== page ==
As the world moves toward a computer-dependent living, it comes as no surprise that many new companies have sprouted, advertising themselves to have a scalable AI technology, even if there's not. But why is this happening?
For a start, building an effective artificial intelligence technology isn't a cakewalk. In fact, it requires a raft of data, time, and money, which means a seriously massive upfront investment before materializing a bare minimum program.
This is why some AI startups resort to hiring humans as a front for AI bots, so companies that have meager resources will be able to peddle themselves to potential investors to have an existing AI tool. For Gregory Koberger, the chief executive officer of ReadMe, there are many such startups.
"Using a human to do the job lets you skip over a load of technical and business development challenges. It doesn't scale, obviously, but it allows you to build something and skip the hard part early on," Koberger told The Guardian, adding that "it's essentially prototyping the AI with human beings."
How to start an AI startup— Gregory Koberger (@gkoberger) March 1, 2016
1. Hire a bunch of minimum wage humans to pretend to be AI pretending to be human
2. Wait for AI to be invented
But other than securing financial backing from investors, hundreds, if not thousands of companies, are faking it due to privacy concerns. It has been proven that customers are more trusting and open to AI bots than human counterparts.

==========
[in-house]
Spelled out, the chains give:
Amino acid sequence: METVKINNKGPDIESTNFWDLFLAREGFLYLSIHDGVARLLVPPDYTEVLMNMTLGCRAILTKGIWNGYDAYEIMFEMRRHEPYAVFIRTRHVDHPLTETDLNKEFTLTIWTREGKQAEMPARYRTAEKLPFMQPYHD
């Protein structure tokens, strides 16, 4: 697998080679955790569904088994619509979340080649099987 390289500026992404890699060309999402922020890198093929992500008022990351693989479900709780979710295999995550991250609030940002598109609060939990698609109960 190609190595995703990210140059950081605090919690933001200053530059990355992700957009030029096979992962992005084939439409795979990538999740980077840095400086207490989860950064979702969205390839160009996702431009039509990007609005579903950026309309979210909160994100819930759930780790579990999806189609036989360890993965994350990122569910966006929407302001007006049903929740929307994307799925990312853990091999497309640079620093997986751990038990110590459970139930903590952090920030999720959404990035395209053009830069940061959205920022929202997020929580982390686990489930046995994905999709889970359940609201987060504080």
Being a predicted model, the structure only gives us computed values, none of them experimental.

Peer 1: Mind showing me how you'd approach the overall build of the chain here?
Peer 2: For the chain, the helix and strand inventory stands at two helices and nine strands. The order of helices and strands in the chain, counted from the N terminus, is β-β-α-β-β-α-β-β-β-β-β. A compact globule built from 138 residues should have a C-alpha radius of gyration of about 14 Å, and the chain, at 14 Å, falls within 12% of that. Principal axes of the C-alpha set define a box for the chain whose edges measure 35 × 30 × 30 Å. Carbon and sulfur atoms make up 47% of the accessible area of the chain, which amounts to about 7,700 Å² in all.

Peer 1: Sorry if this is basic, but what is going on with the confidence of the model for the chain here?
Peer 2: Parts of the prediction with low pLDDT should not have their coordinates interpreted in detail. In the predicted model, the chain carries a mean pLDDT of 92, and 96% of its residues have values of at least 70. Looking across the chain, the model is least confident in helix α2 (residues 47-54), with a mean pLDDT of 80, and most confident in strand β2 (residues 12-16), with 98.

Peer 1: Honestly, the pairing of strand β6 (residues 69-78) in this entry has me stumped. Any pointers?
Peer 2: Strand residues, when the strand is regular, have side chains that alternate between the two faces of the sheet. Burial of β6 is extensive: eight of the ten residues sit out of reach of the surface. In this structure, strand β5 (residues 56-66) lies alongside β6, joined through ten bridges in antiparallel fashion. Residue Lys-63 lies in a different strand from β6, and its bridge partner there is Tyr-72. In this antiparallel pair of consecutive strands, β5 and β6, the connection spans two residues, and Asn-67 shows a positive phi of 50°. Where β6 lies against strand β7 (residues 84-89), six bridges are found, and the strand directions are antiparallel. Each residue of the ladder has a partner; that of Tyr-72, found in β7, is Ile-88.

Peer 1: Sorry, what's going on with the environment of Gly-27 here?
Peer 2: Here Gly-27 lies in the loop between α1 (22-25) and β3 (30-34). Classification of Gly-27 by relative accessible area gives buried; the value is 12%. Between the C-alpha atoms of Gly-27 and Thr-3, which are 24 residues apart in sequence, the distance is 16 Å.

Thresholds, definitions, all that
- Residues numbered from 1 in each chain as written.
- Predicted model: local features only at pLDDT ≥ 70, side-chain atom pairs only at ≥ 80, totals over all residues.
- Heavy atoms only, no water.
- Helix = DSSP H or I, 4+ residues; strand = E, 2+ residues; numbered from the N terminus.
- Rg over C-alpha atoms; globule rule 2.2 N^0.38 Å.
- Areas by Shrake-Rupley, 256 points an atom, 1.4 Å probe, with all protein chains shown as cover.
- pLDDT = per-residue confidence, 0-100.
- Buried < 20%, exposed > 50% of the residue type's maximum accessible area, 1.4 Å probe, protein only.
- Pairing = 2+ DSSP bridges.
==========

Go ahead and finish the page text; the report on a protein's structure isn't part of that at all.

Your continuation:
In 2008, voicemail-to-SMS firm Spinvox was reportedly using humans in offshore call centers to transcribe voicemails. In 2016, calendar scheduling platforms Clara and X.ai were busted using humans to act as chatbots.
In 2017, expense management app Expensify claimed to have a "smartscan technology" to process receipts of customers but later admitted that they were using humans to transcribe data. Just recently, it was discovered that email app Edison Software was using humans to scan and read email messages to develop a "smart reply" feature.
There's no surprise here that using humans for the work of a computer isn't just money-motivated because even Facebook, a multibillion-dollar company and a huge spender on AI research, is relying heavily on humans for its digital assistant for Messenger, M.
While consumers and policymakers worldwide are demanding for user privacy to be respected, at this point, it remains uncertain how long will companies be transparent with their service.